Randi on Global Warming - Shockers!

James Randi is the world's most renown representative for skepticism. As such, his opinion is highly valued by skeptics from all corners of the globe. Recently, he posted AGW, Revisited - a short discourse on his doubting anthropogenic (man-made) global warming (AGW). But he does it very carefully, noting several times that he is no expert, that he is an amateur in this area. He rightfully rejects 'science by consensus', but by doing so he leads one to believe that this is how we arrived at AGW - by consensus. It's not. It is an argument bandied about on the news as a way to convince others, but it has never been used in a scientific article as proof that AGW is occurring.

Randi argues that throughout the ages, throughout the many shifts in climate change, the biosphere has survived. This is a confusing point because no scientist argues otherwise. If AGW is occurring and we do nothing to stop it - even if we accelerate the effect - the biosphere will still survive. Whether man will or not is another question. Certainly, whole civilizations will change dramatically.

He writes
In my amateur opinion, more attention to disease control, better hygienic conditions for food production and clean water supplies, as well as controlling the filth that we breathe from fossil fuel use, are problems that should distract us from fretting about baking in Global Warming.
In other words, he is saying we have other things we should be worried about before getting to Global Warming. Of course, we are worried about those things. The spectre of Global Warming does not diminish our more immediate concerns. However, what's the point of stamping out a few small fires in your room as the house continues to burn?

I was disheartened to know Randi's stance on this issue, but I understand that it is a divisive one even among skeptics. Or perhaps, especially among skeptics. Skeptics have a particular drive to ignore ideology and focus on facts and data. That this particular community can be so divided illustrates how difficult the issues are surrounding Global Warming. For one, GW is not immediate. It occurs over hundreds of years. Also, high quality data does not exist. The past history of climate change has to be obtained via proxies - e.g. tree ring growth, ice core samples, effects on corals, etc. These are fraught with many variables and often times run counter to what the GW proponents theorize. Lastly, computer models do not still adequately address a variety of feedback mechanisms, not the least of which is low and high altitude cloud formation, which can have a significant effect on GW.

Yet with all these problems, the vast majority of scientists (aka the consensus) has discerned that GW is occurring and man is largely responsible. Does Randi think they are wrong? It certainly sounds like it. His opinion goes against the grain of science, yet he has shown in the past how scientists - especially scientists - are easily fooled by charlatans and tricksters who depend on deception and human fallibility. Nature, however, does not engage in premeditated tomfoolery. It does not actively seek to trick the scientist. It may hide its secrets very well and require the construction of a large hadron collider to tease them out, but it does not purposefully evade detection. So, I do not understand how Randi arrived at his conclusion. His post makes vague references and cannot stand alone as validation of his convictions. It merely states what he believes and alludes to 'common sense' as justification. As for myself, I don't buy it.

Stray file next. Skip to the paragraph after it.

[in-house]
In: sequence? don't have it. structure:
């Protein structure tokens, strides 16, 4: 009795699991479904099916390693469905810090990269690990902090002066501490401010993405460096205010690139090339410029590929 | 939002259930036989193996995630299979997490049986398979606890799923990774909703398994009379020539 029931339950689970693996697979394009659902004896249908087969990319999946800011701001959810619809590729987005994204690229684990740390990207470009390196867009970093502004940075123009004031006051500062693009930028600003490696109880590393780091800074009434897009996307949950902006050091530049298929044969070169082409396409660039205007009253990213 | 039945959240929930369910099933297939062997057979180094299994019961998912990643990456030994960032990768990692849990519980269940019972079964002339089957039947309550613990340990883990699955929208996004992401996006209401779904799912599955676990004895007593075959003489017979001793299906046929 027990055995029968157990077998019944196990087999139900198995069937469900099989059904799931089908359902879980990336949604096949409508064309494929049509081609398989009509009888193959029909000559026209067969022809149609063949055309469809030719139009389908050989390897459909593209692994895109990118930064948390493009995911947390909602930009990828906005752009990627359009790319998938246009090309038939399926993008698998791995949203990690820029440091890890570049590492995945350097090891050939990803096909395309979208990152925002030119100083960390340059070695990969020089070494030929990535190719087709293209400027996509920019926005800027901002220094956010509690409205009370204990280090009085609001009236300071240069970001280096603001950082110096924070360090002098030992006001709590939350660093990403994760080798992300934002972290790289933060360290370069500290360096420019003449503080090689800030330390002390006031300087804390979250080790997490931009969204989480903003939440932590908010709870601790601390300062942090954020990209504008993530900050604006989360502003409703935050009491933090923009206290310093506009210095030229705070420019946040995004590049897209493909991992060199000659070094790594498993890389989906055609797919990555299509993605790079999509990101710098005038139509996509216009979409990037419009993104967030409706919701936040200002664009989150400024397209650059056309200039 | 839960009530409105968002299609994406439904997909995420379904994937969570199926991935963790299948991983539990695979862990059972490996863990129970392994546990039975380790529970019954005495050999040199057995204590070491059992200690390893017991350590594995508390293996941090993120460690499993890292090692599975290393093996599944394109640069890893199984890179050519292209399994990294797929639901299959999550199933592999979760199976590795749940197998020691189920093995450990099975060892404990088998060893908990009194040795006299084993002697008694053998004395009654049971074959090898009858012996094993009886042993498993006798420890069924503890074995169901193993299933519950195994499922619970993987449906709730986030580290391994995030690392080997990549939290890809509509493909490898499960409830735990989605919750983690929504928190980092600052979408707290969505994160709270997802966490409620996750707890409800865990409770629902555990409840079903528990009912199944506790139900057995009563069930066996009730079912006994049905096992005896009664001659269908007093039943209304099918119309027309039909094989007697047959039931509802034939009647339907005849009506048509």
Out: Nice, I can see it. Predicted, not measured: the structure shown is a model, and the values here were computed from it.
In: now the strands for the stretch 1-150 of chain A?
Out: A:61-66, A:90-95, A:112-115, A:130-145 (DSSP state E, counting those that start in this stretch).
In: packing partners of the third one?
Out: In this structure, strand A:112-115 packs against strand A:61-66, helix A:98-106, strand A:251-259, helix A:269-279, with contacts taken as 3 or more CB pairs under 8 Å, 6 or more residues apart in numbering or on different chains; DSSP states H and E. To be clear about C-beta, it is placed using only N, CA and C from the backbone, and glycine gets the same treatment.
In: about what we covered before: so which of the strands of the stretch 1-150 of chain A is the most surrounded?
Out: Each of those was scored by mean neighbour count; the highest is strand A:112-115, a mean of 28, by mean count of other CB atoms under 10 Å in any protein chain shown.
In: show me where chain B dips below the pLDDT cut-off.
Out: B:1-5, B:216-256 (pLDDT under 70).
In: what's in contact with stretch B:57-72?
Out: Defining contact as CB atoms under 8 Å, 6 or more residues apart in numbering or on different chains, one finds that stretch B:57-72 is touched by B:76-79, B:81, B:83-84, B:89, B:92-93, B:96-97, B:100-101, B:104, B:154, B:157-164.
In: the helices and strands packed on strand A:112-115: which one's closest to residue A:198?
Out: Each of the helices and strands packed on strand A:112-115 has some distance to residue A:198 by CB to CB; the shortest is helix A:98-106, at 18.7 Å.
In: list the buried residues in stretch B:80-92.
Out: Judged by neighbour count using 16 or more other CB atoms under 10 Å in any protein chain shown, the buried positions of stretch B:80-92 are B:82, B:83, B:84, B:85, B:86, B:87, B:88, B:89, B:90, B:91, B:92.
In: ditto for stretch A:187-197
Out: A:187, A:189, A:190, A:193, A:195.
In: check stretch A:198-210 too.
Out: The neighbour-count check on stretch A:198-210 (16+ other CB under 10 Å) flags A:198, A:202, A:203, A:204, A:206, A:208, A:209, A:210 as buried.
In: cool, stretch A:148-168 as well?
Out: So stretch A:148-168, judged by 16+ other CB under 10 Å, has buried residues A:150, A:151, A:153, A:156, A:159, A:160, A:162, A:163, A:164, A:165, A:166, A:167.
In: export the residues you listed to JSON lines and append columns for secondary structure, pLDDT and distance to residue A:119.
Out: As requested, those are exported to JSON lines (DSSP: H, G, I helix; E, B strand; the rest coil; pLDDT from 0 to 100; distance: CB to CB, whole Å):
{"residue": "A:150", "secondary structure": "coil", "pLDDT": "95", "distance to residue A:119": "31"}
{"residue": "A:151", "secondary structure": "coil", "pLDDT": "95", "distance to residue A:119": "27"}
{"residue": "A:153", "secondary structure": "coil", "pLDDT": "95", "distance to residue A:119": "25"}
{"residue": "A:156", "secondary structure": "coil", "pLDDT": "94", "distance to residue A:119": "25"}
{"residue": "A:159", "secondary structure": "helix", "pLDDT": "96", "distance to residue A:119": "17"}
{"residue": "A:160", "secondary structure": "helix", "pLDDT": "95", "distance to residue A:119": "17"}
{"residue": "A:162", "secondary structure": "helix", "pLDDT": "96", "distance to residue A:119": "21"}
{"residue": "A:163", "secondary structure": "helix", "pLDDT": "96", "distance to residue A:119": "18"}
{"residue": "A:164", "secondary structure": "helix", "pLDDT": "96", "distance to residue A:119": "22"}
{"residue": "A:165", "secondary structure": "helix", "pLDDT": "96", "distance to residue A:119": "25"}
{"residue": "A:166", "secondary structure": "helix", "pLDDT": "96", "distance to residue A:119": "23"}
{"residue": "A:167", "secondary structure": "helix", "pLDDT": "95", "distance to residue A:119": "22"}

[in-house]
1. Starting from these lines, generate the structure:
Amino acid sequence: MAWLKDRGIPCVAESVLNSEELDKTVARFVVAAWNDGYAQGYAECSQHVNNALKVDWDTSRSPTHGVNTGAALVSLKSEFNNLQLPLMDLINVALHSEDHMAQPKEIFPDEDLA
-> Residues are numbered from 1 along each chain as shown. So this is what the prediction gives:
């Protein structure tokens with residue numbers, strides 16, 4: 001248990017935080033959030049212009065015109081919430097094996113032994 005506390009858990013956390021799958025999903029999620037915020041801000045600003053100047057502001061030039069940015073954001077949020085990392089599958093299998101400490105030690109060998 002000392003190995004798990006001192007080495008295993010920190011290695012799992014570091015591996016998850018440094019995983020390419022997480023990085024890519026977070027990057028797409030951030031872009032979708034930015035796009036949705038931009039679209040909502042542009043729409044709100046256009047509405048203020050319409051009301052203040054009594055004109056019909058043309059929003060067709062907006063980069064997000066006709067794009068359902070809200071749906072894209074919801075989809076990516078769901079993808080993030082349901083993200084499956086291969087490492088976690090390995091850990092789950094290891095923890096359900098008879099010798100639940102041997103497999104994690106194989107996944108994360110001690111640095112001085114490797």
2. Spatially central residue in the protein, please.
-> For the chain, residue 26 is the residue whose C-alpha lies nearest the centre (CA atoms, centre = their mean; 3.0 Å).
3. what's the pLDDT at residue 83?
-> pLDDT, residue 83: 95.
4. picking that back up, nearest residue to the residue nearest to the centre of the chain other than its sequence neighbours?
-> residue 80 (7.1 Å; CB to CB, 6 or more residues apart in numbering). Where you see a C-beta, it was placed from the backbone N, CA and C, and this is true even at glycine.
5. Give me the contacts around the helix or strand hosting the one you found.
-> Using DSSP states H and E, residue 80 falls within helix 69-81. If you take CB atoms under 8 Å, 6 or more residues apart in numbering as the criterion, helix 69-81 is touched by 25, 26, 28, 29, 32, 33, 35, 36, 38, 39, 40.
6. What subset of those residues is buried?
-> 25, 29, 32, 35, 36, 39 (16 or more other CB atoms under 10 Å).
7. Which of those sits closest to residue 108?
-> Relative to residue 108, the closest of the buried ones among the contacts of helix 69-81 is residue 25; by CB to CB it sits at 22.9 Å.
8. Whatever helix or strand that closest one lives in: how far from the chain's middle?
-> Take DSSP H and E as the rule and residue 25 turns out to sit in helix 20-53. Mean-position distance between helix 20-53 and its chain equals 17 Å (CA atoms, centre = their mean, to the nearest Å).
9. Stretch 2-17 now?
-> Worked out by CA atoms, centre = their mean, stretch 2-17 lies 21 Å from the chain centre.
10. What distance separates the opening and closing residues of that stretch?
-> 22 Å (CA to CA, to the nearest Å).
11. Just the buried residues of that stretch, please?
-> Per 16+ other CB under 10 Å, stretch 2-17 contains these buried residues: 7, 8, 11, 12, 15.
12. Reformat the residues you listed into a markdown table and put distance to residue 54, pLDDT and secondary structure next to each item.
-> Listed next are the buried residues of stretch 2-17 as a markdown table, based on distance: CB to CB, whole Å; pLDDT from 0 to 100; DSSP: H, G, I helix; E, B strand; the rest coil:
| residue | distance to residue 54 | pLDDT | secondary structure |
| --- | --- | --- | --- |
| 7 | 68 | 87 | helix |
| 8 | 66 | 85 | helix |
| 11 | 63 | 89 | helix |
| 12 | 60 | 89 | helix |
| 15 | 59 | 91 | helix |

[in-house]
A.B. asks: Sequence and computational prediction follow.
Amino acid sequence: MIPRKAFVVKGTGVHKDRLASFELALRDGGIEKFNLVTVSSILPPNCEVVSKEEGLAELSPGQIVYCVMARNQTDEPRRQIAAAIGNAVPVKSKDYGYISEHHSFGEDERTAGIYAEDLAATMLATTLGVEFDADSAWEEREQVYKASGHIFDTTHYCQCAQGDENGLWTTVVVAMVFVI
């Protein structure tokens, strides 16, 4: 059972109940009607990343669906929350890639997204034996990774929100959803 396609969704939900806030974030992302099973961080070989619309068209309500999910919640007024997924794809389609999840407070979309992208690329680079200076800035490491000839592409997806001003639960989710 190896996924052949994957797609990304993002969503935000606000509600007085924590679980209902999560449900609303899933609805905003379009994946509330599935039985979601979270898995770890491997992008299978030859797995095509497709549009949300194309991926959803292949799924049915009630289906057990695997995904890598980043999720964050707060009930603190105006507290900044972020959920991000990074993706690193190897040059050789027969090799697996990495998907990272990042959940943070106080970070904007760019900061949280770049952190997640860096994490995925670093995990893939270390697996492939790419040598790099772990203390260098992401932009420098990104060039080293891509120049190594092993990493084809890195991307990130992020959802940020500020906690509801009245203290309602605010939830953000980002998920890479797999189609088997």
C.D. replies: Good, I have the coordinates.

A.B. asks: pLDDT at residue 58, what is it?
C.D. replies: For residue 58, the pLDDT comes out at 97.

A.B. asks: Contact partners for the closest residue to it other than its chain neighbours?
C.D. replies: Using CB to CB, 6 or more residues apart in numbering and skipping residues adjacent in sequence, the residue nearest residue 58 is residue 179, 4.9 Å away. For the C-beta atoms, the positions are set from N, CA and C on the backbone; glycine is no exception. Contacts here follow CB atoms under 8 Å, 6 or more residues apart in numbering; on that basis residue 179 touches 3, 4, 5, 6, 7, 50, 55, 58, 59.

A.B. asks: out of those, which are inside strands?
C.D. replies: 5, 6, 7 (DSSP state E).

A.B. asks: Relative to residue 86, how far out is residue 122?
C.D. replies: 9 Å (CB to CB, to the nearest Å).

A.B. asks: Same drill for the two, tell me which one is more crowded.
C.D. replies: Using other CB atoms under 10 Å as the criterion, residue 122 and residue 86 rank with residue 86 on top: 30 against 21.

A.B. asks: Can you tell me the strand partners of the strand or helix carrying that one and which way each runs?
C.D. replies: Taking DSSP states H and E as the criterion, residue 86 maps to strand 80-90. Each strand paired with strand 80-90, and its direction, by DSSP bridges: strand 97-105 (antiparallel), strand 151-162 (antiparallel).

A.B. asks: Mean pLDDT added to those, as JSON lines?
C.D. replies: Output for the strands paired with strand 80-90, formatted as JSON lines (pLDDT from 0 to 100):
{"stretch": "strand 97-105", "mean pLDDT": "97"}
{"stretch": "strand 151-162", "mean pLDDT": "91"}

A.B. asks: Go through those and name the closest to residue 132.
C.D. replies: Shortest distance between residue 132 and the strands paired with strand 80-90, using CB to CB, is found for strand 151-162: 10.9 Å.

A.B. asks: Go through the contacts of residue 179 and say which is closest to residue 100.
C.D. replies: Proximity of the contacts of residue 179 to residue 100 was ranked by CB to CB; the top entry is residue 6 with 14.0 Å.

(first seen at Pharyngula)


GooseBreeder said...

Like all of us he's entitled to his opinion and makes no bones about being 'an amateur'.
Sometimes the person in the street has a perspective scientists and politicians do not, as that person is not dependant on research grants or re-election.It's wonderfully freeing for developing an all round sensible point of view!

The skepTick said...

I agree. I didn't want to jump on the "criticism" train and I was planning a second post to make that clear. I recognize that this is Randi's opinion. But I do not relish seeing the ideologues using Randi as a garnish for their posts.

Anonymous said...

Thanks. I didn't know he had taken a stand on this, and wouldn't have even thought to consider it. I agree with him.

Interestingly, your defense involves asserting that consensus isn't that important. If so, you better tell some of your compatriots to stop using it as their defense. You can't have it both ways.

The skepTick said...

OK...I'll tell them.

But as I said before, the science doesn't rest on consensus - it rests on facts and data. However, let's not diminish the importance of consensus. Any theory in science can be easily disproved with some experiment or observation contrary to the theory. No amount of supporting experiments or observations can overcome the one counterexample. Yet until that time, the theory gains adherents, which is to say a consensus emerges. 100% of scientists supporting said theory is still a consensus. So, a consensus is a measure of the acceptance of the theory in the scientific community. It doesn't mean it can't be overturned.

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Anonymous said...

The skepTick said... "the science doesn't rest on consensus - it rests on facts and data. However, let's not diminish the importance of consensus."

Sorry, but there is no consensus, and the "data" has been rigged.

Fraud isn't science, it's a crime.

Christopher said...

I agree with him. But I do not relish seeing the ideologues using Randi's opinion as a garnish for their posts.However,I didn't know he had taken a stand on this, and wouldn't have even thought to consider it.
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